Answer: Your first task should be examining your spending habits to see why you have so much credit card debt. If you don’t fix the problem that’s causing you to live beyond your means, you’re likely to find yourself in a deeper hole eventually, regardless of how well you deploy this windfall.
You also should see if you’re on track with retirement savings. Boosting your retirement plan contributions at work and to individual retirement accounts can help you convert this money into long-term economic security.
Next, pay off the credit card debt and consider retiring the retirement plan loan. If your husband lost his job and couldn’t repay the debt, the outstanding balance would become a withdrawal that would incur income taxes and penalties.
Any money that’s left over can go into an emergency fund to protect against job loss and to keep you from going into debt between tenants. Your low-rate car loans and tax-advantaged mortgage debt aren’t top priorities for repayment, but you can start paying them down over time once your other bases are covered.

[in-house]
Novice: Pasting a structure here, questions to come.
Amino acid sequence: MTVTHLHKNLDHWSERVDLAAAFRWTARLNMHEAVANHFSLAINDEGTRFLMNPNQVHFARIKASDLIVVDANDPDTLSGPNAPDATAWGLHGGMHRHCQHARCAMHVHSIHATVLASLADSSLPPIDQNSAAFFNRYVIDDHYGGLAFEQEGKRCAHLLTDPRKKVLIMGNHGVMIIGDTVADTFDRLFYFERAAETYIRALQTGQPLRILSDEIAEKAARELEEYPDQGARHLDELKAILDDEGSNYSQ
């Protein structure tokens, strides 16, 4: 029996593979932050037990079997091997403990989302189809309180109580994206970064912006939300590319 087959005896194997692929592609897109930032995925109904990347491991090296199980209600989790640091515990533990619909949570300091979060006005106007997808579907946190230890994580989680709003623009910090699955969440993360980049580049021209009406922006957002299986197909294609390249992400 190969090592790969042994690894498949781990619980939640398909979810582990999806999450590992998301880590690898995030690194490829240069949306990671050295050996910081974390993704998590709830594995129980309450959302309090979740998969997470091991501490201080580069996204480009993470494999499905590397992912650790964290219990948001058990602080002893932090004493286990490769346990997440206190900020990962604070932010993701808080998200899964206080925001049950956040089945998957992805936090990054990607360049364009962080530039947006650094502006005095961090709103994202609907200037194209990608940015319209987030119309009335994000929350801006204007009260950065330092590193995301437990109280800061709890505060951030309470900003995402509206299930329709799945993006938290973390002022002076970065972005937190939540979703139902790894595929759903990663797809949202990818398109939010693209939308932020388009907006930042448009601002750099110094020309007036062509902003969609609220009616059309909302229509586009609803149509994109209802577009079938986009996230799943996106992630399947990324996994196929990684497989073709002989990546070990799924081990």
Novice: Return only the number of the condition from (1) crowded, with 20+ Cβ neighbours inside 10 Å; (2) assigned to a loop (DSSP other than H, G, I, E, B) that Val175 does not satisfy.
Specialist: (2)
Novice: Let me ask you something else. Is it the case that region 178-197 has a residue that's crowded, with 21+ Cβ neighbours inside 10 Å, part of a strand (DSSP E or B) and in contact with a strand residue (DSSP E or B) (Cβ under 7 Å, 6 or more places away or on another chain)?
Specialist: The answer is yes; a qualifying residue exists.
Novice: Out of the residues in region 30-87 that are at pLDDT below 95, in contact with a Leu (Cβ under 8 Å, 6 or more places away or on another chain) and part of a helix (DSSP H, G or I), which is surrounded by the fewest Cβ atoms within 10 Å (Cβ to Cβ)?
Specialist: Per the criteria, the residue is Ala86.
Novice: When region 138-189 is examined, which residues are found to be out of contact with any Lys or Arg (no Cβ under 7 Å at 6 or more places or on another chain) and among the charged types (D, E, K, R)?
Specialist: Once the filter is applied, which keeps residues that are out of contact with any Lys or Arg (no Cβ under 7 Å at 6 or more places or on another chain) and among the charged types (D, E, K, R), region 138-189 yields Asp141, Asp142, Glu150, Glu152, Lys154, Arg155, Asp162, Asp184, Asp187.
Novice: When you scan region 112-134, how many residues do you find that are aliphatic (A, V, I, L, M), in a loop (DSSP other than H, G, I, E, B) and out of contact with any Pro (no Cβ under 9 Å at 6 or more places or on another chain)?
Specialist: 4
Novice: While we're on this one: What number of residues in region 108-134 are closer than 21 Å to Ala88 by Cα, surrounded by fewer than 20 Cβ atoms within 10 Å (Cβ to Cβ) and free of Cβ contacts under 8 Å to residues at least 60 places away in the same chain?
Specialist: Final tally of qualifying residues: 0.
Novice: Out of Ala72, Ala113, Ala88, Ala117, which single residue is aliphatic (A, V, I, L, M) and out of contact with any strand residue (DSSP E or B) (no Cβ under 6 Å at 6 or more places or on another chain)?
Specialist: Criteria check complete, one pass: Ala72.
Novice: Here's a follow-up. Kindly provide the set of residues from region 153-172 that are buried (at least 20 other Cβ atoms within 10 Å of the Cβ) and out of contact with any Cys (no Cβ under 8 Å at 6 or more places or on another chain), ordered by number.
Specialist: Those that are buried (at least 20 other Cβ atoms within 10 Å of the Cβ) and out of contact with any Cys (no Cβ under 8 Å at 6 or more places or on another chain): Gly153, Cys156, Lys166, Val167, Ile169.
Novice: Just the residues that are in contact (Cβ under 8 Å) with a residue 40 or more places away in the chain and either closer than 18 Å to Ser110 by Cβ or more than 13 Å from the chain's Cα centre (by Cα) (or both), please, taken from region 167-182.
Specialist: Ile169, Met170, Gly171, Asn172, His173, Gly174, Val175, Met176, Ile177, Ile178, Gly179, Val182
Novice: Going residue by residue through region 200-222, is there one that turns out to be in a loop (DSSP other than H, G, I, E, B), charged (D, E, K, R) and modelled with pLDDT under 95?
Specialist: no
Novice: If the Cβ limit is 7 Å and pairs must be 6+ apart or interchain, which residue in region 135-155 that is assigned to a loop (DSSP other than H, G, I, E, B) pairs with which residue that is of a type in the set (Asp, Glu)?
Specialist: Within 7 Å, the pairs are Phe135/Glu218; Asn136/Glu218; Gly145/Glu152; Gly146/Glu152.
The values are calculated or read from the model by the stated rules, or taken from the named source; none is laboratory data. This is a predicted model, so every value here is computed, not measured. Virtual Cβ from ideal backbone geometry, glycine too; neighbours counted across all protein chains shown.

Dear Liz: We have a son who is a high school junior and who is planning on going to college. We met with a college financial planner who suggest we put money in a whole life insurance policy as a way to help get more financial aid. Is that a good idea?
Answer: Your “college financial planner” is actually an insurance salesperson who hopes to make a big commission by talking you into an expensive policy you probably don’t need.